Thursday, March 31, 2016

Method Parameters in C#

In today's blog post, I will be discussing method parameters in C#. We will see the different ways in which parameters can be passed to methods in C#.

Method Parameters

Other than regular way in which we assign values to method parameters, there are a few tweaks which we can do to make our relationships with methods more useful.



Let's look at them one by one.

Optional Parameters

For any method, if we want the parameter(s) to have a default value, we can simply assign it like this:

public int Calc(int min, int max, int range = 100)
{
     \\...
}

So if any calling code passes a value for range, then that value is used. If we say Method1(1, 20, 200), then 200 is used for range's value. If we call Method1(1, 20) without any value for range, then range is used with value of 100.

This comes in handy when most of the time a default value is used but sometimes we need to pass in the value to be used for a specific parameter. We can have default values for any number of parameters, the only condition being that they come at the end after all non-default parameters.

Named Parameters

When we use our Calc() method in our code, every time we need to look at the method declaration to see the order of min, max and range. If we mess up the order while calling, we might get some wrong/ unexpected results. By using named parameters, we can assign the values for parameters based on their names instead of just the order.

So, for example, we can do:

Calc(max:20, range:80, min:1)

So this way we explicitly mention the variable name followed by the value assigned to each. This is useful to avoid any confusion which may happen when you have long list of parameters. Although, if you have a long list of parameters then you might have other issues with the code, but at least named parameters are easier to understand and less prone to error.
Another thing to keep in mind is that named arguments must appear after all fixed arguments have been specified.

Variable Number of parameters

When we want to give the caller code flexibility with the number of parameters to pass, we can use "params" keyword like this:

void VariableParamsMethod(params int[] array)
{
      foreach (var num in array)
      {
           Console.WriteLine(num);
      }
}

So here, I can call this method as :

VariableParamsMethod(1, 2);
OR

VariableParamsMethod(1, 2, 3);

I can pass in any number of int arguments and the method will work. Isn't it amazing? Internally, the compiler converts these values into array.
Also, I can pass in an integer array. That will also behave as expected.

var array = new int[4] { 1, 2, 3, 4 };

VariableParamsMethod(array);


This feature comes in handy when we want to have the flexibility of different number of parameters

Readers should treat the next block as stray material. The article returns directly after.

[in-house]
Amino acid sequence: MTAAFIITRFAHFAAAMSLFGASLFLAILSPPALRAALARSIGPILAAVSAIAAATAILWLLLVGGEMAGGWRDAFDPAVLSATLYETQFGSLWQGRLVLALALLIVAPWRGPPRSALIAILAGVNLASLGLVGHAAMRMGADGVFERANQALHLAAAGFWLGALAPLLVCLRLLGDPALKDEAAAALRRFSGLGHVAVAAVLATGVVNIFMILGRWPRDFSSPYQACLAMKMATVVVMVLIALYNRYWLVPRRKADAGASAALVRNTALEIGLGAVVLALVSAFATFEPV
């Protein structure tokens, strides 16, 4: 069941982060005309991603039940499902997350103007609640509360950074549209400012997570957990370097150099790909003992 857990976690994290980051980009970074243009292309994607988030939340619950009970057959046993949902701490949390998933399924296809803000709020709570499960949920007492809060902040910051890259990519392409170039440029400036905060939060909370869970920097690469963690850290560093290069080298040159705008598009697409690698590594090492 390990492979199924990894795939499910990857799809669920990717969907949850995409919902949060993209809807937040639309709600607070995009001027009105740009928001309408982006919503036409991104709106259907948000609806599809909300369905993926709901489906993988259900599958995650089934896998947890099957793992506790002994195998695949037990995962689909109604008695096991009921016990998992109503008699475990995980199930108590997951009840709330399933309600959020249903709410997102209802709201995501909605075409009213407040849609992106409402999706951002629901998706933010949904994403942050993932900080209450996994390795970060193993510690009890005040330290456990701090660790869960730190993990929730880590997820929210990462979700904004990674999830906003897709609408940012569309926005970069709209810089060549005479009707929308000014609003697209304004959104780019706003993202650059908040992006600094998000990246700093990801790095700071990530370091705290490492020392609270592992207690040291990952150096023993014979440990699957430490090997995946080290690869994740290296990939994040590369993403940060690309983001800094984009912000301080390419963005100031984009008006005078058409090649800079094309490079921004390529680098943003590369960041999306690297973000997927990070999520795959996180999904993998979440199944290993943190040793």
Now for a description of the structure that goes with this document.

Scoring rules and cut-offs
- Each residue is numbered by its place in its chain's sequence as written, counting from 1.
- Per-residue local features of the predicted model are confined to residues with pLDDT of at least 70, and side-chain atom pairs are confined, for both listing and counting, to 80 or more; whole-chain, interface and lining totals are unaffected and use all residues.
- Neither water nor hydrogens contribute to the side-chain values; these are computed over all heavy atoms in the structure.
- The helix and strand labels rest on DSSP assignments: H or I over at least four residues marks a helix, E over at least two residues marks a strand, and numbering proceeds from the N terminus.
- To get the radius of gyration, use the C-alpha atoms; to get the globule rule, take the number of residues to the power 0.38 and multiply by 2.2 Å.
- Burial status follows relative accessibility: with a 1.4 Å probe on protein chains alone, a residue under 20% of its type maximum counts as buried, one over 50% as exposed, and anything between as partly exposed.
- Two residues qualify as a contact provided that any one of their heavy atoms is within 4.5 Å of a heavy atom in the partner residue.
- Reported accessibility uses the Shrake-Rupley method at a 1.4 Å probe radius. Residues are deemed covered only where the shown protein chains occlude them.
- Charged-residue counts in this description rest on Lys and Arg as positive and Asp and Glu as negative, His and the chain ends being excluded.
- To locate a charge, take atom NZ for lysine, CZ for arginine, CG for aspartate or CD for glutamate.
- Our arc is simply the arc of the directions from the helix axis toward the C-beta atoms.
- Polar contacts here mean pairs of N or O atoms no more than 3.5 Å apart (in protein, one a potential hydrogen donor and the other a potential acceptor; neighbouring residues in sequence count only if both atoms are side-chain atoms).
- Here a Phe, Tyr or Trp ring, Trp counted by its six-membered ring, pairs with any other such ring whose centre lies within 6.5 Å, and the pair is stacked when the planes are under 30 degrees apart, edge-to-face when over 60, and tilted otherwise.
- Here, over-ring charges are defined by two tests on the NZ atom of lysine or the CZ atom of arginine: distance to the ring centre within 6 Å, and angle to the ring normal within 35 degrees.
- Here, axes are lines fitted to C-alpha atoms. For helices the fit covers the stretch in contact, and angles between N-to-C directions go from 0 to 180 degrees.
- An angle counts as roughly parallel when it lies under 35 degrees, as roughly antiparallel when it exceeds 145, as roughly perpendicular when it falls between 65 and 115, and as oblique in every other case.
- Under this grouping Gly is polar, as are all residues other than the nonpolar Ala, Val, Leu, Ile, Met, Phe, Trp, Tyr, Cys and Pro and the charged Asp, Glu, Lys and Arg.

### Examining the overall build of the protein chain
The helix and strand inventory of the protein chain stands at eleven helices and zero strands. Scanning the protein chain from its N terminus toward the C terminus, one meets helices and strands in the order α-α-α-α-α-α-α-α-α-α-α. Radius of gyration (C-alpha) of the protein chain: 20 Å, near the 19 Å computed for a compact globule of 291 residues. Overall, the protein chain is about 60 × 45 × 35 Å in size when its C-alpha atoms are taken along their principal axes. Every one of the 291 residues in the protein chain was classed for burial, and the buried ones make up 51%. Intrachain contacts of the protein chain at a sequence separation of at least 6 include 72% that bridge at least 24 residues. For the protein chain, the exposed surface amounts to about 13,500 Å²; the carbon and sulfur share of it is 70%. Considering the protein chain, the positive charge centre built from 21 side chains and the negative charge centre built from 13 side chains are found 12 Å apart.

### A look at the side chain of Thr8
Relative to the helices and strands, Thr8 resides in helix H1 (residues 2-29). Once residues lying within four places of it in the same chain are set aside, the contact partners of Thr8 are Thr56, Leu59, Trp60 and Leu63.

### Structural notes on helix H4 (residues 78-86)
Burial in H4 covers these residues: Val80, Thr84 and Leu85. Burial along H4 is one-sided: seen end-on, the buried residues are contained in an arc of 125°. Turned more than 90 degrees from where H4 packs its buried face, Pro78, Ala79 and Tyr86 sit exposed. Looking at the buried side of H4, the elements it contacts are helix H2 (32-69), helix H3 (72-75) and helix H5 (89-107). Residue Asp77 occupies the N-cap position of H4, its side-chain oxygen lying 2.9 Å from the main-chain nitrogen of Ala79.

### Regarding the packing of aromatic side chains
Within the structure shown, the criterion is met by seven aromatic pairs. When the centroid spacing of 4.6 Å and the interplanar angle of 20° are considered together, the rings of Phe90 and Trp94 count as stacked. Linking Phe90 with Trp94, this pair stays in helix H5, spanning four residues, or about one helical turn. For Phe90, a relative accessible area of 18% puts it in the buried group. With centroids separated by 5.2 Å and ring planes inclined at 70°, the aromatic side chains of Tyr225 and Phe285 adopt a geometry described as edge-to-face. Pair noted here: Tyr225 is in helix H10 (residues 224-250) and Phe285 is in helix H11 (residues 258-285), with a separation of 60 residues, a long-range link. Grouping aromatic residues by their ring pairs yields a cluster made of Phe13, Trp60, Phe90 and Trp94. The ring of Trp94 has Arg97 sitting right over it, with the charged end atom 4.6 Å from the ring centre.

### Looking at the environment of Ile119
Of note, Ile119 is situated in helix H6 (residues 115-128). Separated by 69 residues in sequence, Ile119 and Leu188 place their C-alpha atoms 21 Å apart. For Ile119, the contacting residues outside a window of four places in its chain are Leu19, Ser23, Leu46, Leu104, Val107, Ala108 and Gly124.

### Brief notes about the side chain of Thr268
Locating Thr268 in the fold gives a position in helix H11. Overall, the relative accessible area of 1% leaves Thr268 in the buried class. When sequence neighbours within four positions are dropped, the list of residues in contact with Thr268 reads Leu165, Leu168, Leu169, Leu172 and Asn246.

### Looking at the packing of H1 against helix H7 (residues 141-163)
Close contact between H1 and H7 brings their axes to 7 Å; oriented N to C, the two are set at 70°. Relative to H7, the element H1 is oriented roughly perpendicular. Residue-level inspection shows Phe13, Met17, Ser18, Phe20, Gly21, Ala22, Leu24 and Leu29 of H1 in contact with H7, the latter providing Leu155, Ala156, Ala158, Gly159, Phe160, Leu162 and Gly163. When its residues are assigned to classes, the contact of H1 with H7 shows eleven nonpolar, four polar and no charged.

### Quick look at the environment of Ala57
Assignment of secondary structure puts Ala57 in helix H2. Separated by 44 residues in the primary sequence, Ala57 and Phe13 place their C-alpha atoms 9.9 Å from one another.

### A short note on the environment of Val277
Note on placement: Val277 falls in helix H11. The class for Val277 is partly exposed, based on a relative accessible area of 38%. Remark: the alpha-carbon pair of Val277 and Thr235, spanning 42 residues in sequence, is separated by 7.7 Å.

to be passed.
Params can be combined with other parameters with the condition that it should be the last one and can be specified only once.

Out and Ref Parameters

When we call a method, the regular parameters are copied in the method. For value types (which I discussed here), the values are copied whereas for reference types the reference is copied, pointing to the same object in the heap.
If we want the called method to use the same variable instead of creating a separate copy, we can use the "ref" or "out" keyword.
Let's look at an example:

void OutRefMethod(out int i, ref int j)
{
     i = 5;
     j = 6;
}

So if we call the method:

int i = 1, j = 1;
OutRefMethod(out i, ref j);

At the caller side, "i" will be set to 5 and "j" will be set to 6.
This comes in handy when we want a single method to return multiple things. With ref and out parameters we can set them inside our method and retrieve at the calling side. The difference between ref and out parameter is that ref requires variable to be initialized before it is passed to the method whereas out requires the variable to be set some value inside the method. We need to mention the out and ref keywords both at method definition and method calling time to make sure that it's intentional.

Another thing to note is that if you see a lot of out and ref parameters then there might be other issues in the code (likely disobeying Single Responsibility Principle as discussed here).


Conclusion

With different types of parameters, methods can become more powerful. We can use these features as and when we need them.

For future updates to my weekly blog, please subscribe to my blog via the "Subscribe To Weekly Post" feature at the right and follow me on Twitter. Until then Happy Coding :)


1 comment:

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